Wages: Amazon’s pay raise could lift all boats
More Amazon employees will be making a ‘living wage.’
You don’t have to be a warehouse worker to feel the benefit of Amazon’s big pay increase, saidConor Sen at Bloomberg.com. After being bombarded with criticism from labor organizers and Sen. Bernie Sanders over the wages and labor conditions of its workforce, the retail giant announced last week that it was lifting its lowest wage from $11 an hour to $15. The new wages will apply to 250,000 Amazon employees, including workers at the Whole Foods grocery chain, and the more than 100,000 temporary employees Amazon hires during the holiday season. Amazon didn’t pick $15 at random. “Fight for $15” has become a rallying cry for labor activists, who say $15 an hour—more than double the federal minimum—is “a living wage.” Last year, the U.S. median household income was $61,372, roughly what a couple with full-time jobs earning $15 an hour would make. While multiple cities have hiked minimum wages in recent years, and other large employers, including Target and Walmart, have upped pay and benefits, Amazon’s move could mark an inflection point because of the firm’s “influence in the corporate world and in the minds of upper-middle-class Americans.” Soon, $15 an hour could be “the new standard for entry-level wages in corporate America.”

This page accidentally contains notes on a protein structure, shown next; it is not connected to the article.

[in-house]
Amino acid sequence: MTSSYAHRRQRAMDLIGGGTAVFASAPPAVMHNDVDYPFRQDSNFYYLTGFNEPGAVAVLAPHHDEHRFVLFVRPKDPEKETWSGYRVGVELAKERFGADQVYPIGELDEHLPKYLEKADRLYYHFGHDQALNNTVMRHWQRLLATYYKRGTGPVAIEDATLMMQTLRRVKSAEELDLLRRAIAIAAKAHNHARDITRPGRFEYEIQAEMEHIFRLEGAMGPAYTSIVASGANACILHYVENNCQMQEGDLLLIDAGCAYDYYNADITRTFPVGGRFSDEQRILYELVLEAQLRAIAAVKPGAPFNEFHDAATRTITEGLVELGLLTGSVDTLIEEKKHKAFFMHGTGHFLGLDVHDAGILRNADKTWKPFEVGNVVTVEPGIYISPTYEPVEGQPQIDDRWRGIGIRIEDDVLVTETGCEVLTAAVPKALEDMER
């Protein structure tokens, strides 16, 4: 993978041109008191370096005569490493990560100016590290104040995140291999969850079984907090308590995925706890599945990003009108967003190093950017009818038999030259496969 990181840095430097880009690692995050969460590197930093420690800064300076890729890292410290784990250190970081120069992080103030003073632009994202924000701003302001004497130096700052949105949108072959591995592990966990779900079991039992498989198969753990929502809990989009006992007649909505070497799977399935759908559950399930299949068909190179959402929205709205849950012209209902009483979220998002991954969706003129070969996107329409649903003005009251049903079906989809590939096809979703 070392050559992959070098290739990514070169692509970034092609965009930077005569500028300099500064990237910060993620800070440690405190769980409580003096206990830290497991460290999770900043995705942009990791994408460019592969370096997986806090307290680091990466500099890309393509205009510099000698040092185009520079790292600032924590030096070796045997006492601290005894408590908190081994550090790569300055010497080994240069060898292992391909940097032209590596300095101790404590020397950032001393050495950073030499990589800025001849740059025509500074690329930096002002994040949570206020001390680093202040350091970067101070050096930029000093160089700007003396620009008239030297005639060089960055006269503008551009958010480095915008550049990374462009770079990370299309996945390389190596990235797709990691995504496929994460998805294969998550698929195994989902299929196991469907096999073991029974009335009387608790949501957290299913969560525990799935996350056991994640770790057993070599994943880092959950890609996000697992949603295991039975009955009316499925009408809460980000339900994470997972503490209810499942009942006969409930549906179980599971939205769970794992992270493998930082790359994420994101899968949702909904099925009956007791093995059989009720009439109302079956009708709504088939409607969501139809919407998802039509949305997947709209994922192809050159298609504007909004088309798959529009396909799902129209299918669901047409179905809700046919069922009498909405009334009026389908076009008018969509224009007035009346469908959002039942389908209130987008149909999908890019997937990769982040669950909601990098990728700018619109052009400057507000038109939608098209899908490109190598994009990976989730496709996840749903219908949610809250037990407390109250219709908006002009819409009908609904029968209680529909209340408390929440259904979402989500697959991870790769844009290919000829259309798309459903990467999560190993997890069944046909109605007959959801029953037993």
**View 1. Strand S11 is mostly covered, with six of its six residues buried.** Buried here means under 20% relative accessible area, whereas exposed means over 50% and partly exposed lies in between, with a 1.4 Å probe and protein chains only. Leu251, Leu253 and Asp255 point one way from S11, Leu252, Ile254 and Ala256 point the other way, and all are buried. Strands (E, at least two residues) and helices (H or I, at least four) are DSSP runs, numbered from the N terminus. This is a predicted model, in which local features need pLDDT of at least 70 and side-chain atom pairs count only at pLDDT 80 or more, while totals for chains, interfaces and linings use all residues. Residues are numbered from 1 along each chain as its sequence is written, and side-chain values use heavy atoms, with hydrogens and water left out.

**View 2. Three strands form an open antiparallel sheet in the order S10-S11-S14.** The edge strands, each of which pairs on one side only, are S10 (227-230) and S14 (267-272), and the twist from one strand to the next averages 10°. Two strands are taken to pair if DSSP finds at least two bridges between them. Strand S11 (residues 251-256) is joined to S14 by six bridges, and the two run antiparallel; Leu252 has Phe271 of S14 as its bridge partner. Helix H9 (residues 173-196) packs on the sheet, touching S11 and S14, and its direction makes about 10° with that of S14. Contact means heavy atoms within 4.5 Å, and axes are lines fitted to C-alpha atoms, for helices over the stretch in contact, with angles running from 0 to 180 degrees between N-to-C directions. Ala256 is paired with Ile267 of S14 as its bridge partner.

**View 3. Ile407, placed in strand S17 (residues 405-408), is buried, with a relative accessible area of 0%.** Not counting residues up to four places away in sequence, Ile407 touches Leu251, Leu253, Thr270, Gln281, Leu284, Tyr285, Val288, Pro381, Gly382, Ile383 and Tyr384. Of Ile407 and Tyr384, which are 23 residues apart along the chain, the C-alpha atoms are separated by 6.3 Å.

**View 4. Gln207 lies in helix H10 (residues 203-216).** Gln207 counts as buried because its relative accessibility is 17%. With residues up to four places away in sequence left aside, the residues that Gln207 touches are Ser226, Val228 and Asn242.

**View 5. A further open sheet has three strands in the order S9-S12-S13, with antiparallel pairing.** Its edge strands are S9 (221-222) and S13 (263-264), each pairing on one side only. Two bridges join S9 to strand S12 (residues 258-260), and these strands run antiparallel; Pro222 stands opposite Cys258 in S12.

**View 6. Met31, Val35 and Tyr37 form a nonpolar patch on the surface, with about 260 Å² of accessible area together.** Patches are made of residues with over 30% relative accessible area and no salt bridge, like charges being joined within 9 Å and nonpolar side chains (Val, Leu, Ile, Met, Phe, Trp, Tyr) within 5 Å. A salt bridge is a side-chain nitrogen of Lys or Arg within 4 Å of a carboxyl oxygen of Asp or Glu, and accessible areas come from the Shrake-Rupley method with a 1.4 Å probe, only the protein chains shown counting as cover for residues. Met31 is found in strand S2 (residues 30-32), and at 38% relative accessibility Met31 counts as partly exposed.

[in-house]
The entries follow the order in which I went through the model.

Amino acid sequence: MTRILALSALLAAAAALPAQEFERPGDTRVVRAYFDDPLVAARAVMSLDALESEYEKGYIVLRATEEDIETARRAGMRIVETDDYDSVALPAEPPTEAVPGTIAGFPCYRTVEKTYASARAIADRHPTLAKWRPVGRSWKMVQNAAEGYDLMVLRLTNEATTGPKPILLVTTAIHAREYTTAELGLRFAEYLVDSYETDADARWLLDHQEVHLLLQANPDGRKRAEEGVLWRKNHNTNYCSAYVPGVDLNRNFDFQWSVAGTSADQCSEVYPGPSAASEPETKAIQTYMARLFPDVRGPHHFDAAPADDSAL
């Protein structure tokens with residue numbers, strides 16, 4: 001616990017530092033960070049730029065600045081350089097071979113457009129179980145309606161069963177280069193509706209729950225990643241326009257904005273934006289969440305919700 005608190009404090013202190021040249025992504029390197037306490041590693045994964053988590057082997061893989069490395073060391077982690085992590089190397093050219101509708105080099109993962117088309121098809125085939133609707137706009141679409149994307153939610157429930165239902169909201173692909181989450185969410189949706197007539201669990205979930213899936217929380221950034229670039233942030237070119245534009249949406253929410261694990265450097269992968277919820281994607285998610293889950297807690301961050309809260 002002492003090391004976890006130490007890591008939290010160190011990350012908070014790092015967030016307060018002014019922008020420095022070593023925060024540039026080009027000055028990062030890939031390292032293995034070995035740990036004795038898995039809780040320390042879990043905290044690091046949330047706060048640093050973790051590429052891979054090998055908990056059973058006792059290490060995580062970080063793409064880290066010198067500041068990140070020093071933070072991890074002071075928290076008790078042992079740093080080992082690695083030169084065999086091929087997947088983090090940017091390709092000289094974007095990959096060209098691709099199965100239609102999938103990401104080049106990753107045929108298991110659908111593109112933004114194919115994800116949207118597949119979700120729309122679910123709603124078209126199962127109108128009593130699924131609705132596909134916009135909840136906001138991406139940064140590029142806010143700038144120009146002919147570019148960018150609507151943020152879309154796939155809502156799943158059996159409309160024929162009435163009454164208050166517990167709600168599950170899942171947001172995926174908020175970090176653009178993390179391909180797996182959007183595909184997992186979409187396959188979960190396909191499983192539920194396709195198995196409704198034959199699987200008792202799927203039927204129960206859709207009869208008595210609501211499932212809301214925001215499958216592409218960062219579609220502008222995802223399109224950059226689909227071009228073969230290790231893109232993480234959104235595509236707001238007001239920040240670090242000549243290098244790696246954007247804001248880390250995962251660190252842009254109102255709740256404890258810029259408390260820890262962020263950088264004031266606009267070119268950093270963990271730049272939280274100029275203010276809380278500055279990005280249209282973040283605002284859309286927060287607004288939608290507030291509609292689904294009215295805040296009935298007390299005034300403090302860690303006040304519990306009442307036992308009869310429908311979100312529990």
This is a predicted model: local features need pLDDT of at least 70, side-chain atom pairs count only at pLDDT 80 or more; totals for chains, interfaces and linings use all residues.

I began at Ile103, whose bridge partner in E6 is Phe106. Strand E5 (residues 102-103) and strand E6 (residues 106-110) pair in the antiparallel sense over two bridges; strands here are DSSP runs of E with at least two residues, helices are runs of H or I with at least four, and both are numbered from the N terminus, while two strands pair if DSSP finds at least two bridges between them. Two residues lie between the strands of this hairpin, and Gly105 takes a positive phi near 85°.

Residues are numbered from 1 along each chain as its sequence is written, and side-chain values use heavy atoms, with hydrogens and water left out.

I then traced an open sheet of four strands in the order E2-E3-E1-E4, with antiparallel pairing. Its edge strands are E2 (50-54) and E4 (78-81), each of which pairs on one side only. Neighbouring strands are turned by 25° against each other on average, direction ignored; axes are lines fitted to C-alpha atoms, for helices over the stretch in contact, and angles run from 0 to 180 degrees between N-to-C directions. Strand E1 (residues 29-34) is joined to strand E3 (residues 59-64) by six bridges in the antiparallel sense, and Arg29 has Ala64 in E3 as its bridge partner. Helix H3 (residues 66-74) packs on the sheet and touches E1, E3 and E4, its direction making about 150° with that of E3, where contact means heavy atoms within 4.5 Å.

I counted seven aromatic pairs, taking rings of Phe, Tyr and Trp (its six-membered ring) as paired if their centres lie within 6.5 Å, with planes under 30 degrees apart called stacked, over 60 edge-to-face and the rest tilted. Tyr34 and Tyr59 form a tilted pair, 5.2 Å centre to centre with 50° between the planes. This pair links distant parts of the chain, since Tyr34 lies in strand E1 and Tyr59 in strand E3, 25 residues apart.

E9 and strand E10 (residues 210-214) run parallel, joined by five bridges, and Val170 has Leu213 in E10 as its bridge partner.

Many companies will have to follow Amazon “or risk a staffing shortfall,” said Ezequiel Minaya and Nina Trentmann in The Wall Street Journal. With the economy booming and the unemployment rate at 3.7 percent, the lowest in 49 years, workers feel increasingly emboldened to quit their jobs and find better-paying gigs. To hold on to employees, firms—especially those with large low-pay workforces—will have to boost wages. Or they might simply cut their payroll by increasing automation. One payoff for big retailers that lift salaries is that some of these increased labor costs will land back in their coffers, said Jared Bernstein in The Washington Post. You could think of Amazon boss Jeff Bezos as “the service-sector version of Henry Ford, who recognized that unless he raised his workers’ pay, they couldn’t afford the cars they were making.”
Not everyone at Amazon is celebrating, said Jon Harris in the Allentown, Pa., Morning Call. Some veteran warehouse workers already earning $15 an hour or more complain that the company is also cutting performance-related bonuses, so they may “make less under the new structure.” Amazon insists nobody’s pay will be cut. Still, this wage hike “is a moral and strategic masterstroke by Bezos,” said Derek Thompson in TheAtlantic.com. After all the complaints about Amazon’s power, and calls from the Left and Right for it to be broken up, Bezos’ Goliath now gets to play the most powerful advocate for economic fairness.